Kent Desormeaux knows he's a marked man.
When he rode Fusaichi Pegasus to victory in the Kentucky Derby, the racing gods smiled upon him. A path along the rail opened for him down the entire backstretch.
Desormeaux steered his colt along the path, saving ground and time, until the far turn. There, he swung Fusaichi Pegasus wide for the start of his winning drive.
After the seemingly leisurely victory, many in racing began calling Fusaichi Pegasus the next great horse. And when that happens, the great horse becomes the one to beat.
In the 125th Preakness Stakes today at Pimlico Race Course, seven 3-year-olds will take their shot at the one 3-year-old in the bull's-eye, Fusaichi Pegasus.
If you check the odds, the large bay colt is close to unbeatable. But if you check the opposition, he's just another odds-on favorite in a sport where favorites win a third of the time.
"No, hell no, we're not conceding anything," said D. Wayne Lukas, trainer of High Yield. "No way. It's going to be a dogfight."
History shows that odds-on favorites in the Preakness (favorites at less than even money), have won 16 of 25 times. The last three, however, have lost (Easy Goer in 1989, Swale in 1984 and Linkage in 1982).
History also shows that if a horse is going to pull off an upset it's likely going to be a horse from the Kentucky Derby. Since Deputed Testamony skipped the Derby in 1983 and won the Preakness, 71 non-Derby starters have tried the Preakness and failed.
This year, three colts who bypassed the Derby have gathered in Baltimore for an assault upon Fusaichi Pegasus: Red Bullet, Hugh Hefner and Snuck In. They join four also-rans from the Derby - Impeachment (third), Captain Steve (eighth), High Yield (15th) and Hal's Hope (16th) - back for another try at the seemingly invincible Fusaichi Pegasus.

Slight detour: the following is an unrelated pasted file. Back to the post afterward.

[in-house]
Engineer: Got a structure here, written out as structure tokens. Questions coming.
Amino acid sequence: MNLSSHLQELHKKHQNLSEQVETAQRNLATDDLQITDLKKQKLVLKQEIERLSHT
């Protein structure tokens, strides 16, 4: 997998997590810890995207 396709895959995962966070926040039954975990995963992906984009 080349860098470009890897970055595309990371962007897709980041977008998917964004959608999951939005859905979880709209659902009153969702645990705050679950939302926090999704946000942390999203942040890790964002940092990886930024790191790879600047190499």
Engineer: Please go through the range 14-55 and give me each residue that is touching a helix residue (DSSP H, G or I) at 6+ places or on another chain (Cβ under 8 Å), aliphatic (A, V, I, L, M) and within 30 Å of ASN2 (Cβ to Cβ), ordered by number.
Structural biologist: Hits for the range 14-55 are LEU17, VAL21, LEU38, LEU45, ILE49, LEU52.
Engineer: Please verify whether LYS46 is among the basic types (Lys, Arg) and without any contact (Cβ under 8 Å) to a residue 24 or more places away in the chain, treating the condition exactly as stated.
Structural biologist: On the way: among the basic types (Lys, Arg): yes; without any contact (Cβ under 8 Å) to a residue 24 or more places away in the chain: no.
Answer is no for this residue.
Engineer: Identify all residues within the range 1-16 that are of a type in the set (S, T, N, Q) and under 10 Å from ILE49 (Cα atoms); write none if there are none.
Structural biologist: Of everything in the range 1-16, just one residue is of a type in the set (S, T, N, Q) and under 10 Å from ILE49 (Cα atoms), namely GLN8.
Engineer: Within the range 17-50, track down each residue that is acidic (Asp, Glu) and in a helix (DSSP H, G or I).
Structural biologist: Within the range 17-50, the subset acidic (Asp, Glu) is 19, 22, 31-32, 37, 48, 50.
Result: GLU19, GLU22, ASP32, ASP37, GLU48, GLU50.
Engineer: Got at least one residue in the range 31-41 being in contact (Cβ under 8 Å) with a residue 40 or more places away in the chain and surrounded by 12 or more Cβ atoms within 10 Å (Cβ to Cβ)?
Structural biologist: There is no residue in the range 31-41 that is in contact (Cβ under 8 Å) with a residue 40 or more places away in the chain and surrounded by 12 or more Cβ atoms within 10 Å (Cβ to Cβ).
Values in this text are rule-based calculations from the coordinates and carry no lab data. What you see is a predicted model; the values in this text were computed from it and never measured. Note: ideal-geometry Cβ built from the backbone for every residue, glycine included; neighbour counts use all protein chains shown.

That's fine with Desormeaux, a Louisiana native who learned his trade in Maryland. He became a riding star here in the late 1980s and then moved to California for national fame. "It's like coming home," Desormeaux said yesterday on the Pimlico backstretch. "I may be a native of Louisiana, but I was raised in the racing industry right here in Maryland."
This is the more pensive, less brash Desormeaux. Since he and his wife, Sonia, discovered that their young son, Jacob, is deaf and needs brain surgery, the jockey has re-evaluated what's important.
"I think it's been a blessing in disguise," the jockey said. "I don't mean to downplay the importance of the race, but I know now that it's not the end of the world if I don't get there first.
"I've got different priorities in my life. ... Everything certainly seems to be in slow motion this year."
That may be a comfort to bettors who wagered on Real Quiet to win the 1998 Belmont. Many believed Desormeaux lost the race when he moved too soon on the Derby and Preakness winner, perhaps succumbing to the suffocating pressure of a Triple Crown bid.
This year, the words Triple Crown appear almost exclusively along with the words Fusaichi Pegasus. He has won five races in a row, all with ease, and most observers believe he hasn't even shown his best yet.
"He's the one horse if you said, 'Would you trade horses for him?' I'd say yes," said Bob Baffert, trainer of the Preakness contender Captain Steve. "And I'd throw in Silverbulletday, too."
Silverbulletday is Baffert's excellent filly. Still, the trainer said, he's not afraid of testing Fusaichi Pegasus one more time. Neither are the trainers of the other challengers.
Lukas, whose High Yield has thrived at Pimlico, said it's still too early to bronze Fusaichi Pegasus. He's run only six races. The one time another horse looked him in the eye, in his debut in December, he lost.
"There're two more races in front of him," Lukas said, referring to the Preakness and Belmont. "He's got a lot of ground still to cover.
"Now if [today] at sunset, he's won the Preakness as impressively as he won the Derby, then I'll feel a little more comfortable talking about him and greatness. But I want to see it first."
What: Preakness Stakes; second leg of horse racing's Triple Crown
Where: Pimlico Race Course
Post time: 5:27 p.m.
Gates open: 8:30 a.m.
Distance: 1 3/16 miles
TV: Chs. 2, 7 (coverage begins at 4:30 p.m.)
Kentucky Derby winner: Fusaichi Pegasus